I’m not one to claim that every book I read changes my life. I can see what they are saying, and then I choose to either accept or deny the viewpoints of the author. With the case of East of Eden by John Steinbeck, I believe that it presents some valid reasoning. It isn’t a short book. In fact the overview of the book would be described as a tri-generational family history, that follows the Trask family, and their moral conflicts dealing with money, life purpose, and jealousy.
As the name implies, there are many biblical references, most of which must be drawn by the reader. The book explores the all great question of why we do the things we do, yet does not come off as being didactic. Some motivations are more worthy than others is an idea that is explored. The book has been on many banned book lists through the years, which pretty much guarantees a good read, because it usually means that things are said which needed to be, but haven’t due to our society’s (or the one in which the book was first presented) tendency to sweep anything under the rug which may not reflect a positive light upon it.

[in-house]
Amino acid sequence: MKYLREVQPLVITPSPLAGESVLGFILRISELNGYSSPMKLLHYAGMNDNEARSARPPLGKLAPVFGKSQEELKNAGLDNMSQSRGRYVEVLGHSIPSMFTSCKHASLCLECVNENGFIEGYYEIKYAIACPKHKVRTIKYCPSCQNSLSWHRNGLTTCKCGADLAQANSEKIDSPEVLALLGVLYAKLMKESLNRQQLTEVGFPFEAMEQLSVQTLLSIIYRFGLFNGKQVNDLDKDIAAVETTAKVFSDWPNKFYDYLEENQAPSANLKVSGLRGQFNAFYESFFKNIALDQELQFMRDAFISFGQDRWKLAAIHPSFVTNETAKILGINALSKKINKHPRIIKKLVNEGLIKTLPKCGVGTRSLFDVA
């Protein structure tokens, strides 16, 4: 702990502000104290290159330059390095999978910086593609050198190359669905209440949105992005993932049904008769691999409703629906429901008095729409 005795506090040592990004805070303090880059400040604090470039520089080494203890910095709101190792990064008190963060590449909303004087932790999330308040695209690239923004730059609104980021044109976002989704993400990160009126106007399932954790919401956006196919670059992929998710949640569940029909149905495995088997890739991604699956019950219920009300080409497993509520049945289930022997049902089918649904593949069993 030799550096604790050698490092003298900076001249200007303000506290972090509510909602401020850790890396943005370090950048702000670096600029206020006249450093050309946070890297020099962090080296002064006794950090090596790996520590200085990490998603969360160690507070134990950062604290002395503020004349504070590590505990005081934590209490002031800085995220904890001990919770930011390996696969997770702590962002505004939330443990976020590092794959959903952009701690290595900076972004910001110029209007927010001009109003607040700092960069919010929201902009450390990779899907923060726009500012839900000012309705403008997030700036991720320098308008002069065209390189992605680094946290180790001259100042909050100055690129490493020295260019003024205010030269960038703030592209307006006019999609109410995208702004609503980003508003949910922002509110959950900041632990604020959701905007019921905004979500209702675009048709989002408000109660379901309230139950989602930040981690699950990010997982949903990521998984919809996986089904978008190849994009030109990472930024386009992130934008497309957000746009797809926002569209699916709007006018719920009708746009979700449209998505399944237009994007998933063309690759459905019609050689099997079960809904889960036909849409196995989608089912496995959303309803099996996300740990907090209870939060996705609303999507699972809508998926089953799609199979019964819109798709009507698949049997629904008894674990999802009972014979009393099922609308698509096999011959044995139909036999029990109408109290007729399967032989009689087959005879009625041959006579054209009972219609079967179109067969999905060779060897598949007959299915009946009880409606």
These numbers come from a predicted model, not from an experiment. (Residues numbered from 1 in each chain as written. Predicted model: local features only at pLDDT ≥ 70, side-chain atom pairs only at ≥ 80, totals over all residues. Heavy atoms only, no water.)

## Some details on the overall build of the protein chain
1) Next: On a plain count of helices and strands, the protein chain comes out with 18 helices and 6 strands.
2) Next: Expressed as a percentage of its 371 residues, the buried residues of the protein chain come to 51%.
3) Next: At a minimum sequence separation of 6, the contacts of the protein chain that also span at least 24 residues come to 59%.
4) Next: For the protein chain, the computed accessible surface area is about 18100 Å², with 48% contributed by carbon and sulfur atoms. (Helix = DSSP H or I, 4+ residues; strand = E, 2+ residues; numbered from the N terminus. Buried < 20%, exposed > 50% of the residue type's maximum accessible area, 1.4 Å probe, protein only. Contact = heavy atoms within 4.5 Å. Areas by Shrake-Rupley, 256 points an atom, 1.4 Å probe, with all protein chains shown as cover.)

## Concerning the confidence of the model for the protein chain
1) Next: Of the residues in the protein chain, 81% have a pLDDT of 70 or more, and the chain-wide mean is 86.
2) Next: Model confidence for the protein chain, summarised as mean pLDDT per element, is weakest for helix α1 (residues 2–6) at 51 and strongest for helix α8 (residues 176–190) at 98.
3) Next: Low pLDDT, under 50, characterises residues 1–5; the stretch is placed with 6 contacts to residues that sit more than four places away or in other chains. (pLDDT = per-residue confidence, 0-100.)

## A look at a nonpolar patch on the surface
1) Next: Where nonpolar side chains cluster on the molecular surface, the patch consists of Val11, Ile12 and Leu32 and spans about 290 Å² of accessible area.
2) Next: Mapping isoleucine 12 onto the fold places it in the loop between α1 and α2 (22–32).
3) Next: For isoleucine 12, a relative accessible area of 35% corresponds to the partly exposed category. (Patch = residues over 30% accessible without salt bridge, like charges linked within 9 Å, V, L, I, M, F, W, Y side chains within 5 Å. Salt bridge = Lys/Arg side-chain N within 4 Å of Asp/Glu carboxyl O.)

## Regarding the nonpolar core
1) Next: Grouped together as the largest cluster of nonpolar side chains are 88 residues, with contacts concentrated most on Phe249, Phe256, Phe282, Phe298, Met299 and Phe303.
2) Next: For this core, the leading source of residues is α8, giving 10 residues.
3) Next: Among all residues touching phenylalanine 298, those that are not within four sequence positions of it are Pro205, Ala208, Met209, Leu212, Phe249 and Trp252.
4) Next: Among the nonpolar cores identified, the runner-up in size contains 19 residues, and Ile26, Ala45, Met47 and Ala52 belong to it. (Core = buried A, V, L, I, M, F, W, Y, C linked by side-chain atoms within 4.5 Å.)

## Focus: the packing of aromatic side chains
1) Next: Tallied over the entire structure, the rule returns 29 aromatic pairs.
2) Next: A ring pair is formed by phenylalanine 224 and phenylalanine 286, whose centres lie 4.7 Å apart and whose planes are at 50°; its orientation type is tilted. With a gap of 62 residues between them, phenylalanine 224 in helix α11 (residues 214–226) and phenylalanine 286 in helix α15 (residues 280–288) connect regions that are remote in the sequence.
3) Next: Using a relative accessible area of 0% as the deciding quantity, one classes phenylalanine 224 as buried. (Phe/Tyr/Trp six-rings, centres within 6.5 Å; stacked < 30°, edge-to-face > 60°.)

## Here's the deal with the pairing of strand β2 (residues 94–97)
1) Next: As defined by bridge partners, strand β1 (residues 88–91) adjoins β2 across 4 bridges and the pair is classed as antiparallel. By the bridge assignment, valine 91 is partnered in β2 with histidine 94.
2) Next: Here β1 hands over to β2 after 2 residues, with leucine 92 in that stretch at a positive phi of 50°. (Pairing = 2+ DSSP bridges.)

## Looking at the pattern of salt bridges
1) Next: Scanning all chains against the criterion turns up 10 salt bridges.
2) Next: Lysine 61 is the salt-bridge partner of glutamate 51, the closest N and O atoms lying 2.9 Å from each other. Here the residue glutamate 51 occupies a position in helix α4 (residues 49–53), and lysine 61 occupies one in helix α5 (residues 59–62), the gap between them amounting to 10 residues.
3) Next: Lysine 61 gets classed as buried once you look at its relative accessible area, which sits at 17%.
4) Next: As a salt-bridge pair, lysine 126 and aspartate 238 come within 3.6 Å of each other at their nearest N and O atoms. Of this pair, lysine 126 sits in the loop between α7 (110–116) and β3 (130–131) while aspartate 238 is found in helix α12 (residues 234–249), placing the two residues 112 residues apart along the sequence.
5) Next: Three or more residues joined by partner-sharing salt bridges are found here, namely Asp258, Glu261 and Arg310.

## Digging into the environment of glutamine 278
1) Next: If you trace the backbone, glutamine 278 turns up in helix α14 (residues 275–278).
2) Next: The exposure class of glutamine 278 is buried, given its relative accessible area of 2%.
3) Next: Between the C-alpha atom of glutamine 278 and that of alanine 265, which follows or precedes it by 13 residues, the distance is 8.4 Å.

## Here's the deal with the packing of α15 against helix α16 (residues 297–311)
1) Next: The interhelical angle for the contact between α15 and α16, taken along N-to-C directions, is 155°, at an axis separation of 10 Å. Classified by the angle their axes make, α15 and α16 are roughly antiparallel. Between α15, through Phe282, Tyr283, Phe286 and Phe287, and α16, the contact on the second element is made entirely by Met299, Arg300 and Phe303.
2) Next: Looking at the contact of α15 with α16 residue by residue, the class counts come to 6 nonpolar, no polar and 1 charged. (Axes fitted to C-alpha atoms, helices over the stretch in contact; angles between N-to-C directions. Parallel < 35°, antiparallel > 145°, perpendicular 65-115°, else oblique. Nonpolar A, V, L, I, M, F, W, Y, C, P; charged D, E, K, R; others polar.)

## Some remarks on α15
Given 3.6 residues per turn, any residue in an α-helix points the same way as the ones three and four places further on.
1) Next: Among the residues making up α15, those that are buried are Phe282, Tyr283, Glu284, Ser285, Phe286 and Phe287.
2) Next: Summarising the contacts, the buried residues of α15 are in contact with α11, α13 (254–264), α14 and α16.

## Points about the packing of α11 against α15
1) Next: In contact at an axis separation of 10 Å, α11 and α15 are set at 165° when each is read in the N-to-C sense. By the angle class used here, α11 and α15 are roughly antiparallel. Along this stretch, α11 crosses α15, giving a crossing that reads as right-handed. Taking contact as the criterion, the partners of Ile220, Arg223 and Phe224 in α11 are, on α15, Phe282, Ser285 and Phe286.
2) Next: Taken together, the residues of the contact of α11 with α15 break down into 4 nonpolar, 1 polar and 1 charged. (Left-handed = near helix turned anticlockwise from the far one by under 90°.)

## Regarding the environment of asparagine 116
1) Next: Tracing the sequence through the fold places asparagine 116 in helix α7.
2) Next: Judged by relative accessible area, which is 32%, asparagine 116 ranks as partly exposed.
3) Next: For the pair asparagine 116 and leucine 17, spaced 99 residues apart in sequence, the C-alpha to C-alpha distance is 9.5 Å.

The characters contrast each other enough that no-matter who you are, you are sure to find a favorite, and cheer them on as they trudge through their entire life, or a large portion due to the length of the book.
A favorite of many people, is the character of Cathy Ames, who has been the subject of much acclaim and criticism due to the strength of her character. You may have heard of Matt Costa, an Indie-Folk artist whose song “Ballad of Miss Kate” is about the character. Don’t listen to the song if you don’t want to hear a couple of spoilers, however.
One interesting thing about the book, is that many of the characters are actually real people. John Steinbeck began under the premise of it being a family history, though many of the family legends that happened to and around his relatives are included. It is left to the reader to decipher which is true, and which is embellishment.